BUENOS AIRES, Argentina (AP) — An Argentine court on Friday ordered former President Cristina Fernandez to face questions about her government's handling of the futures dollar market, marking the first time she has been legally summoned for any of the handful of investigations against her.
Federal judge Claudio Bonadio said Fernandez was suspected of being part of a scheme to keep the Argentine peso inflated by selling derivatives below market value. The sales also led to a sharp drop in Central Bank reserves.
Fernandez was called to appear in court on April 13 along with former central banker Alejandro Vanoli and former Economy Minister Axel Kicillof. The allegations apparently don't involve personal enrichment for Fernandez, president between 2007 and 2015.
Argentina has not been able to attract international loans at market rates since its 2001-2002 economic collapse. Instead, it uses the Central bank reserves to buy fuel overseas, meet foreign debt payments and finance economic stimulus programs. The reserves plunged to their lowest in nearly a decade at the end of Fernandez's presidential term.
"The point of this move was to inflate the peso, to avoid the peso from weakening," said economist Jose Luis Espert. "The Central Bank had two alternatives: assume a short-term crisis with a strong devaluation of the peso, or selling dollars on the futures market, deplete the reserves and accept a currency crisis. The Central Bank chose to kick the ball and sell dollars in the future."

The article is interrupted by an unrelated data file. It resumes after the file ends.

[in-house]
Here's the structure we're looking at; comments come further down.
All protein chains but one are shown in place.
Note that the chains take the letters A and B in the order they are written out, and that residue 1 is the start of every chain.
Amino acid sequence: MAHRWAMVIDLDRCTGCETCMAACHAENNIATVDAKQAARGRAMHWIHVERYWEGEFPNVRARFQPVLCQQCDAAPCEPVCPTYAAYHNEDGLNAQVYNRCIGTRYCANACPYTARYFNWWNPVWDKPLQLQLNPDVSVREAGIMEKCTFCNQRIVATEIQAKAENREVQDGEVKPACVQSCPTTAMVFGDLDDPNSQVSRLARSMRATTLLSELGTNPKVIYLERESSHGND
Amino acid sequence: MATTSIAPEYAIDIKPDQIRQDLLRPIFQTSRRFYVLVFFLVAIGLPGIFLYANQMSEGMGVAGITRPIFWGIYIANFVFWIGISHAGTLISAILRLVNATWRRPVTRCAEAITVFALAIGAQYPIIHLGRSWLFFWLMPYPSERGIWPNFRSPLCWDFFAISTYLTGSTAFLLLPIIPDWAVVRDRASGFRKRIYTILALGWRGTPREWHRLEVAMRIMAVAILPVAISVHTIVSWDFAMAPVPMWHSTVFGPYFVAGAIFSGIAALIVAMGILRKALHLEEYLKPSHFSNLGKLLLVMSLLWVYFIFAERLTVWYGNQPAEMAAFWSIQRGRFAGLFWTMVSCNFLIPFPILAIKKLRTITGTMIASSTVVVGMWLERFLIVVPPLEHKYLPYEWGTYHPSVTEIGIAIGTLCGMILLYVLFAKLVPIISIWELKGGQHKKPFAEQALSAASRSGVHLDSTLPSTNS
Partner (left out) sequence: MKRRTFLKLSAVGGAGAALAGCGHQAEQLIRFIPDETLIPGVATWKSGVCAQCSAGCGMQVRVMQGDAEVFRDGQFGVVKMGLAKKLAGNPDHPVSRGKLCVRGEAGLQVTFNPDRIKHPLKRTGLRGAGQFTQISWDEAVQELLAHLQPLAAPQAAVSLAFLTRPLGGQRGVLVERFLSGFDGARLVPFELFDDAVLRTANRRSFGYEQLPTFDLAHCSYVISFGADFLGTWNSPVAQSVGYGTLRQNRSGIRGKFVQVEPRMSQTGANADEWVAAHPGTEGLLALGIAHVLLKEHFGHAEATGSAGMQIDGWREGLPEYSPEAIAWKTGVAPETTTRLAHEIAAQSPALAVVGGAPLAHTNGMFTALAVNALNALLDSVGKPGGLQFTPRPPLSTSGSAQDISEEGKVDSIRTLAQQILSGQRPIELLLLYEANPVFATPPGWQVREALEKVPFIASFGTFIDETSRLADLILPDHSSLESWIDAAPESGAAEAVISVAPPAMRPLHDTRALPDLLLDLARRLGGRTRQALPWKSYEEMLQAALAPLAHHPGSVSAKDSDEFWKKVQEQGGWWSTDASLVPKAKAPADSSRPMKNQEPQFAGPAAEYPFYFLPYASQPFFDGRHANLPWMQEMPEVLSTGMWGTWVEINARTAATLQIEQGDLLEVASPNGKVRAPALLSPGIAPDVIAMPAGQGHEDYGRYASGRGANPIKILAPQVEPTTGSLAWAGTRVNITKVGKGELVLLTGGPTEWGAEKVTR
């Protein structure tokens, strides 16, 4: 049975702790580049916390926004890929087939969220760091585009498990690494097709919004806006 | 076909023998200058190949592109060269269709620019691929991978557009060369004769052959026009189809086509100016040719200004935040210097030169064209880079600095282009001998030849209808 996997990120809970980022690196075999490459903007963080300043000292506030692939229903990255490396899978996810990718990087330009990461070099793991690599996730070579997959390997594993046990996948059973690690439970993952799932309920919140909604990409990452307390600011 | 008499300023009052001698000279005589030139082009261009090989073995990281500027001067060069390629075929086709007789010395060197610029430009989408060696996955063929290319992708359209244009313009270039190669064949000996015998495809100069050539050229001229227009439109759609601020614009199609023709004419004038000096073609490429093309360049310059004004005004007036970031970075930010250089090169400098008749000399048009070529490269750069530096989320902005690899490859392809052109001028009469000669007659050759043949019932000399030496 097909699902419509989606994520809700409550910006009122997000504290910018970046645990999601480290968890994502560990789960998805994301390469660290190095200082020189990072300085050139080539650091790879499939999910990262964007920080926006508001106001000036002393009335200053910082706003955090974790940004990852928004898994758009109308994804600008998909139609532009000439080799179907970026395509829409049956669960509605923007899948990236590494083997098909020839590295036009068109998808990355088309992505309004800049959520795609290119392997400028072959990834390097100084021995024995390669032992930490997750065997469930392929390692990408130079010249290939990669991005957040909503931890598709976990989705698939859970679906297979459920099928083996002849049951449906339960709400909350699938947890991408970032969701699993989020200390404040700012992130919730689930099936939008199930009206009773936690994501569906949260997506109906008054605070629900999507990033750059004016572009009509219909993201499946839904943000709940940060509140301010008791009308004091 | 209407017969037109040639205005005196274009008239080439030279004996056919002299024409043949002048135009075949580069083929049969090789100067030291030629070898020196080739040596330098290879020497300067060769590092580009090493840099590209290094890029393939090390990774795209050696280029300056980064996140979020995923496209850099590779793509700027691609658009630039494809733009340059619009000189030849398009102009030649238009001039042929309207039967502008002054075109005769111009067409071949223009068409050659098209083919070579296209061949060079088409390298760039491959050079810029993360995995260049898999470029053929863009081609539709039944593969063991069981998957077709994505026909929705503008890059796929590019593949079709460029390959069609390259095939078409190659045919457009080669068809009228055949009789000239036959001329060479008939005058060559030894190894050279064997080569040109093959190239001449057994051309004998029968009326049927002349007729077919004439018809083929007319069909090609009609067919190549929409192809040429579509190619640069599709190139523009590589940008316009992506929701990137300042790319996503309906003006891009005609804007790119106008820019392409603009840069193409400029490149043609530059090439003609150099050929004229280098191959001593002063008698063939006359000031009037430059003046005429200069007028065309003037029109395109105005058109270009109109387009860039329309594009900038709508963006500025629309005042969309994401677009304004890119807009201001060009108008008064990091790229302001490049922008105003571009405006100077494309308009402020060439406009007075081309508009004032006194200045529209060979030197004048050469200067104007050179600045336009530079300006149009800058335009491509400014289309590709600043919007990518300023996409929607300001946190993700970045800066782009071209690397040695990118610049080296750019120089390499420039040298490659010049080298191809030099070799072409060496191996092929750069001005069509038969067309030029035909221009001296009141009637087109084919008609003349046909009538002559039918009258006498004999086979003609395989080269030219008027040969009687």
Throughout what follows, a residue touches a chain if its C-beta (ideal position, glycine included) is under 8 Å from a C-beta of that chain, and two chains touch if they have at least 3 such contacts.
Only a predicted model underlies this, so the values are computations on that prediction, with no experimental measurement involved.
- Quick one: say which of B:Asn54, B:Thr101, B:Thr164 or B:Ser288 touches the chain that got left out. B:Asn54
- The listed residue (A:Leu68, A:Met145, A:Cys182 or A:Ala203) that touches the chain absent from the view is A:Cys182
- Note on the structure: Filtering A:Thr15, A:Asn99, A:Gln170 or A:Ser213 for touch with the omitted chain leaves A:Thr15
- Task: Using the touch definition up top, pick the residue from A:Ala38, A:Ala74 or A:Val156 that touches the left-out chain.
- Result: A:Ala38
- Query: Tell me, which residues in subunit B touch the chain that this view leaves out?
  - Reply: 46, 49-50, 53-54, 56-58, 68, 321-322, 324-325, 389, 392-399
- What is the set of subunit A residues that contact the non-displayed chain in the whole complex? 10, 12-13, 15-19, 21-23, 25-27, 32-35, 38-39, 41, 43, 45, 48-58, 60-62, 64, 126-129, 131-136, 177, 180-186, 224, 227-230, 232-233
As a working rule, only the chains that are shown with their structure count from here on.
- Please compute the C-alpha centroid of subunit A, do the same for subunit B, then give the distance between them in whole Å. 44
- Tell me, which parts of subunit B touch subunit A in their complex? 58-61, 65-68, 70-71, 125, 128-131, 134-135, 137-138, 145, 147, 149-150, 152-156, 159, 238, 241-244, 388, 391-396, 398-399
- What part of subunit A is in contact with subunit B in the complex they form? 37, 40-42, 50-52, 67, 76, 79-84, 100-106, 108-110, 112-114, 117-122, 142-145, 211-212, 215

Authorities were also investigating a possible money laundering scheme at a luxury hotel owned by Fernandez in Argentina's Patagonia region. Bonadio was in charge of the case until he was removed by a top court in 2015 when his methods in the probe where questioned. The case remains open under another judge.
In highly polarized Argentina, the summons represented more than just an investigation into possible wrongdoing.
The opposition was "waiting for some movement by the justice system on a corruption case (against Fernandez), though this isn't the most important of them," said Celia Kleiman an analyst with consulting firm Polldata.
Soon after the summons was announced, many supporters took to social media to express their solidarity.
"If she gets called (to testify), they will have to call us all," said a slogan circulating on Twitter.
Fernandez was replaced by Mauricio Macri, a conservative who beat Fernandez's chosen standard-bearer, Daniel Scioli, in a November runoff.